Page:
Youth is Wasted on the Young

Some facts about dear old dad

  • He came from Mexico the legitimate way
  • Found work
  • Raised a family
  • Became an entrepreneur
  • Has worked for himself for over 20 years
  • Paid off his home in 5 years
  • Currently in 0% personal debt

One of my many stories

When I was younger my dad would circle the property around his business every chance he had. If we went to the movies, the grocery store, to visit family or friends; he’d always find away to reroute our way home just to get a glimpse of his business. He did this a lot, to say the least.

When I was 6, I asked him; why are we always coming back here. You do this all the time and it takes forever to go home. He looked at me proud; as though he was glad I asked the question, but not fully prepared to benefit from the answer.

“This is my business and if I don’t look after it, no one will.”

This message along with the many others helped shape my perception of this world.  At the age of 6, responsibilities were but a mere blip on my radar.  My father made sure to remedy this.

Everyone in this world is born into a debt of responsibility.  The sooner I learned this lesson the sooner life got a lot easier.  I love listening to my father and those that came before me.  [Don’t tell him I said that].

Somewhere between elementary and the graduating of college my father lectured me on his experiences with finances, relationships, time , and dreams.  My father makes bold statements about what I should do with my life.

Ironically it was not the bold statements that taught me anything.  It’s the stories he tells about his experiences.  The memories that he illustrates with such detail.  It’s easy to take  scenarios  that he builds so well and deduce my own lesson.

It’s  unfortunate  that many lessons are learned without the time to apply them.

My father has given me the ability to start from where he currently is in his life.  He’s given me time, which until now I thought was impossible to give.

When I was younger my father got me to do things by teaching me.  22 years later he’s still getting me to do things by inspiring me.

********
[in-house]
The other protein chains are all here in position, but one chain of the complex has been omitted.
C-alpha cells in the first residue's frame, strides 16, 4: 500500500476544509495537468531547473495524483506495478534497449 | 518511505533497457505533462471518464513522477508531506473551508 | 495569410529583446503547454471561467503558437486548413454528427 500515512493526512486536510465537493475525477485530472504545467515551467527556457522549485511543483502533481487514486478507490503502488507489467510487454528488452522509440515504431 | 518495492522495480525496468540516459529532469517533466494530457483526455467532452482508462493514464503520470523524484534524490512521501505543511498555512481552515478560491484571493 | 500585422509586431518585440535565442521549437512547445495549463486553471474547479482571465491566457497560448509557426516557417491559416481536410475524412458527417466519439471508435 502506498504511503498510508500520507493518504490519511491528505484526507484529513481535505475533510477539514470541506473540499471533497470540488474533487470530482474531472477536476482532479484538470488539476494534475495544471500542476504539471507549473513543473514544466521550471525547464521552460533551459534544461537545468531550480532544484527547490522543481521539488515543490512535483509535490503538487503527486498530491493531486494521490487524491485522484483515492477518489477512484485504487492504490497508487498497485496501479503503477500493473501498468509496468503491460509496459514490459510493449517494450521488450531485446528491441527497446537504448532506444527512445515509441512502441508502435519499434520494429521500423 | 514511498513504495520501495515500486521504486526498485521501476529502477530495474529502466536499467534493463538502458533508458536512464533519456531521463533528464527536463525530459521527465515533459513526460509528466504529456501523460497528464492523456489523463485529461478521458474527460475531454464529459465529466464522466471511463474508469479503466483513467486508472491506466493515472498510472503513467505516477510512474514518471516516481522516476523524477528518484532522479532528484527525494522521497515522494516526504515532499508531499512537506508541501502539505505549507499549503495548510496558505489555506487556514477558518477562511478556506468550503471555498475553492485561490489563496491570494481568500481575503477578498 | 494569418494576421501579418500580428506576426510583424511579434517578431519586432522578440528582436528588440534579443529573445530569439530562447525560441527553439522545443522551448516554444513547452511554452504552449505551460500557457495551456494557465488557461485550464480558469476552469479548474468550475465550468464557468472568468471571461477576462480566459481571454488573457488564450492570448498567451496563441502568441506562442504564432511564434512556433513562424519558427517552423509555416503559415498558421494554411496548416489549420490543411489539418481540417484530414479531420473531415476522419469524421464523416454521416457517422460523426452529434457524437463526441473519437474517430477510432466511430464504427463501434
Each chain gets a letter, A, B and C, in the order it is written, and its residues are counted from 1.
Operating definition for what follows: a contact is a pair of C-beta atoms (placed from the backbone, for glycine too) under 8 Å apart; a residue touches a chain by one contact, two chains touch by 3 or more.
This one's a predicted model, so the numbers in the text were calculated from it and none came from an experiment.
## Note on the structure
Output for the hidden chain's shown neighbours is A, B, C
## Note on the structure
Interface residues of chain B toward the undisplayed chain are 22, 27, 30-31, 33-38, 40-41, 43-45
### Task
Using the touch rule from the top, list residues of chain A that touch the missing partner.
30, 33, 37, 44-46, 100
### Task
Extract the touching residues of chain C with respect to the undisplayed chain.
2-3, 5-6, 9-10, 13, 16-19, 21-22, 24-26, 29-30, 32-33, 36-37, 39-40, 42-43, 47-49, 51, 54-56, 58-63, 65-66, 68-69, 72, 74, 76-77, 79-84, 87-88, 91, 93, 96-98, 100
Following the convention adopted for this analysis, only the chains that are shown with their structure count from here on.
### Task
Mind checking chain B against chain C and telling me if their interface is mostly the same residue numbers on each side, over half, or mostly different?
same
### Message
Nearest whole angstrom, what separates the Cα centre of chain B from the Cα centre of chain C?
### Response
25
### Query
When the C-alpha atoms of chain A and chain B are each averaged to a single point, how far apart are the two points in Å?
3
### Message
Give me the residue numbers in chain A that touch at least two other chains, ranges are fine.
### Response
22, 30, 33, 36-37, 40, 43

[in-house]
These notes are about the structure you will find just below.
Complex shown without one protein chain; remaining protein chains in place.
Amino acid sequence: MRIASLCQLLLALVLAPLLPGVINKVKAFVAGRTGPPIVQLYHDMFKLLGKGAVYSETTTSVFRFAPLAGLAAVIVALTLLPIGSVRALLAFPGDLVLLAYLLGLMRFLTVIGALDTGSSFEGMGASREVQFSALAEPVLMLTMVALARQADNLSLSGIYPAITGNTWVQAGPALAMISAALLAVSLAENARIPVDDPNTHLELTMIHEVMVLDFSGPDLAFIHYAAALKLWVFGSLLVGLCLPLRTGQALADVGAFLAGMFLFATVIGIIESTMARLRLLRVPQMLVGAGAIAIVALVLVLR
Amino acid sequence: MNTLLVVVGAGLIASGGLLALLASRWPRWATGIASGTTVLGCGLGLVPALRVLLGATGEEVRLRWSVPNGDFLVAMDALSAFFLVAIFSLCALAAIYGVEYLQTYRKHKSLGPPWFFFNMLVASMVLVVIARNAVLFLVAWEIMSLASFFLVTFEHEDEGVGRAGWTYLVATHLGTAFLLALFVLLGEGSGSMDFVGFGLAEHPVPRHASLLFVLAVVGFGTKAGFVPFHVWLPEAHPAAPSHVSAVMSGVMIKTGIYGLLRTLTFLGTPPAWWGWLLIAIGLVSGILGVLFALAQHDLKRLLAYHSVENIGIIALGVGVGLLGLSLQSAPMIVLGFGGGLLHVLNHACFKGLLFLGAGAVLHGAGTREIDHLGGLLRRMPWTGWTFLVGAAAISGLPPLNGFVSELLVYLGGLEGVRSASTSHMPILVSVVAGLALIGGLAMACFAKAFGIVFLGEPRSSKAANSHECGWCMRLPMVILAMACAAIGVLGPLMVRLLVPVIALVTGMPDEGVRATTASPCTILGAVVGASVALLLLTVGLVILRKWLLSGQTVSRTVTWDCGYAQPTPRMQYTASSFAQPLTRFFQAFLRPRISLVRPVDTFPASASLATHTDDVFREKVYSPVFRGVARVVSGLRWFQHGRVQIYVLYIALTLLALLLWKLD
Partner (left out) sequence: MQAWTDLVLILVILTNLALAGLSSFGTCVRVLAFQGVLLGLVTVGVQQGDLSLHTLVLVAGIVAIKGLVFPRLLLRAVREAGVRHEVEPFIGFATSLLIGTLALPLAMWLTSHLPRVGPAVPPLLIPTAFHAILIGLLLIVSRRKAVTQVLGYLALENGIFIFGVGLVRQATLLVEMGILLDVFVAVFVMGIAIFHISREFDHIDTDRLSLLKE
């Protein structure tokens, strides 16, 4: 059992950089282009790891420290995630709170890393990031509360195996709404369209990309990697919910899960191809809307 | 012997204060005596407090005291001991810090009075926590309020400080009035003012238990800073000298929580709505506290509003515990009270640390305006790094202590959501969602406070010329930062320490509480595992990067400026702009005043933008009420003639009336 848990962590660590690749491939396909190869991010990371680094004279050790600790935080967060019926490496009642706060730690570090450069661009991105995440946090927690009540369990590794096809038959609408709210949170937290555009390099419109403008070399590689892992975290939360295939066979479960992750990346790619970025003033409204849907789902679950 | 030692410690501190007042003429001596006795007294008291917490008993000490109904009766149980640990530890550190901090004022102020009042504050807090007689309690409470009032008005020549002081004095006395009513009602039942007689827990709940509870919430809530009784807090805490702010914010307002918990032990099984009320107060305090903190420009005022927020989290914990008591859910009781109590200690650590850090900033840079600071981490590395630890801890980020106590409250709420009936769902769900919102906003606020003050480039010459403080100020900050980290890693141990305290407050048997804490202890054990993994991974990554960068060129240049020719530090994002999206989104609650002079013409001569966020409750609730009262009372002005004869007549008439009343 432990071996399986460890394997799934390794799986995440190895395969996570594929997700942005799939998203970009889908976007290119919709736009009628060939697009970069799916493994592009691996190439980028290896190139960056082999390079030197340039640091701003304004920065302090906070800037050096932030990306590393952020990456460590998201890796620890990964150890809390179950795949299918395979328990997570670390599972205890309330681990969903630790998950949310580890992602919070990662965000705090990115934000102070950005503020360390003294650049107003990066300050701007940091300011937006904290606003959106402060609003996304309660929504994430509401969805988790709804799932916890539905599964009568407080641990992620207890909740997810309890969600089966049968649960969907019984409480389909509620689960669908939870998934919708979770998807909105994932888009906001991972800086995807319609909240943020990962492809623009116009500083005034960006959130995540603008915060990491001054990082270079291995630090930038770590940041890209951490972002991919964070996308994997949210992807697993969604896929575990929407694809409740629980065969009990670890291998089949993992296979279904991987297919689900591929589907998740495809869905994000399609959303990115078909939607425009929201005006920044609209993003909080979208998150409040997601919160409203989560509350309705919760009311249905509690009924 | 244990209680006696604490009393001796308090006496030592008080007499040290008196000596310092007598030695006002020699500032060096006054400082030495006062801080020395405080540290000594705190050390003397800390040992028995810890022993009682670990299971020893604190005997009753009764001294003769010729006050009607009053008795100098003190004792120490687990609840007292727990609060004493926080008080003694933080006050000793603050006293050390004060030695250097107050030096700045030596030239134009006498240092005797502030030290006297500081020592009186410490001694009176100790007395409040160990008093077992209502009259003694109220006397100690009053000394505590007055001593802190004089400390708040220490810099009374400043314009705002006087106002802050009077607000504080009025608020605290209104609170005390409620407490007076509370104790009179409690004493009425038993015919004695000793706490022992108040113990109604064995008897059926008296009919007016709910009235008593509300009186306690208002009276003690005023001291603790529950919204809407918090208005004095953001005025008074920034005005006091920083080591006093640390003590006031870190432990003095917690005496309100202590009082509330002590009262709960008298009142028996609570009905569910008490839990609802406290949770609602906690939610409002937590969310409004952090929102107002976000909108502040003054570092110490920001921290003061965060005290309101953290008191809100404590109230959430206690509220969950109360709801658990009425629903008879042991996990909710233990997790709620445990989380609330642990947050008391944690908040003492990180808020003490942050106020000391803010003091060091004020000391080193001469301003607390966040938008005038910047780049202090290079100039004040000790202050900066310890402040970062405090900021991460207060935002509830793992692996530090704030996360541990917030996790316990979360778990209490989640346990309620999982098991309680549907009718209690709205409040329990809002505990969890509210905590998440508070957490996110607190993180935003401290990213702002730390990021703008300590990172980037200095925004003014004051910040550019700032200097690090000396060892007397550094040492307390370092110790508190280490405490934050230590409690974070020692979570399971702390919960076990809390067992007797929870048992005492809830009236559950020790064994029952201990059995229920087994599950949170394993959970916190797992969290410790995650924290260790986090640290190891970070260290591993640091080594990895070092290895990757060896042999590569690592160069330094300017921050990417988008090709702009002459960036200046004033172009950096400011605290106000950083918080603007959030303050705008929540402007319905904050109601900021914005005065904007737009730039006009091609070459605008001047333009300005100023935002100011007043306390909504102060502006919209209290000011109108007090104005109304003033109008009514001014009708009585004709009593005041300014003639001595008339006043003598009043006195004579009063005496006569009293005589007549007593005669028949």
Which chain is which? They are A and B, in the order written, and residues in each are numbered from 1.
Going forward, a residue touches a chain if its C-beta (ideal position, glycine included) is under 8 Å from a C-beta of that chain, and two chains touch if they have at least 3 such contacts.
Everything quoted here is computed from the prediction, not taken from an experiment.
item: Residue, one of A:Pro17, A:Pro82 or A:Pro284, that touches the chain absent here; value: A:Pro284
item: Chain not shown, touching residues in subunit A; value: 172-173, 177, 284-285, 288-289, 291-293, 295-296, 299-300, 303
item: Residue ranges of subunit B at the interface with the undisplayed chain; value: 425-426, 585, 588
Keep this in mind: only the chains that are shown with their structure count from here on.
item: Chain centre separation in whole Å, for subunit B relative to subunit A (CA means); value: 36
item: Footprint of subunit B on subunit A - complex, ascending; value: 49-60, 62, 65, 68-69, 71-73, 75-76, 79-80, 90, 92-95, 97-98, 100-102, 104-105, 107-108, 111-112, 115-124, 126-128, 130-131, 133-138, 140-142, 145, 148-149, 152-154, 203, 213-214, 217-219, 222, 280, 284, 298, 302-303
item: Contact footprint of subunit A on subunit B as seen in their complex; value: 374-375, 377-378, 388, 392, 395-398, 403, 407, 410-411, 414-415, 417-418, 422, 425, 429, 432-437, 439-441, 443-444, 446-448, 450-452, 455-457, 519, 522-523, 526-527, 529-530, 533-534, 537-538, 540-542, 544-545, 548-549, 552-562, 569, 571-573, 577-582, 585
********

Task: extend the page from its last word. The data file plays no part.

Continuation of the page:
“Youth is wasted on the young” — George Bernard Shaw

Don’t Knock It Until You’ve Tried It

Sadly a lot of people will say they don’t like something even though they’ve never tried it.

People will say “I don’t like that…” whether it’s a sport, traveling, a new beer, or even a whole country of people they’ve never met. I can honestly say that I used to be this way too. I have found that by being close minded to new and possibly better things, you miss out on a whole lot of awesome.

Growing up, I used to eat my steaks Well Done because that is how my parents would order them and really, I didn’t know any better. If in early high school and you were to present me with a steak that was Medium or God forbid, Medium-Rare I would of rejected it. It wasn’t until I was in a situation where I had to be polite when offered a Medium-Rare steak that I found what I had been missing for so long. I then took the mindset of “Don’t Knock It Until You’ve Tried It” and applied that to food in general. I have come to find and love many more culinary delights since then and I can trace my culinary “open-mindedness” back to that one experience. Heck, if it turns out that you don’t like something… you never have to eat it again.

Medium Rare Steak
Photo by: https://www.flickr.com/photos/thaddeus_griffin/

This same concept can be applied to your views on people that are different from you. Whether it’s  their  religion, ethnicity, sexual preference, financial bracket, political preference or whatever else one can  conjure  up to divide us. If you don’t know someone who is White, Brown, Black, Green, Purple, Straight, Gay, Muslim, Christian, Canadian, American, Protestant, Catholic or whatever else, then it doesn’t seem fair to come to a conclusion when in fact you don’t know.

Don’t be afraid of the “Medium-Rare” because you might just like it.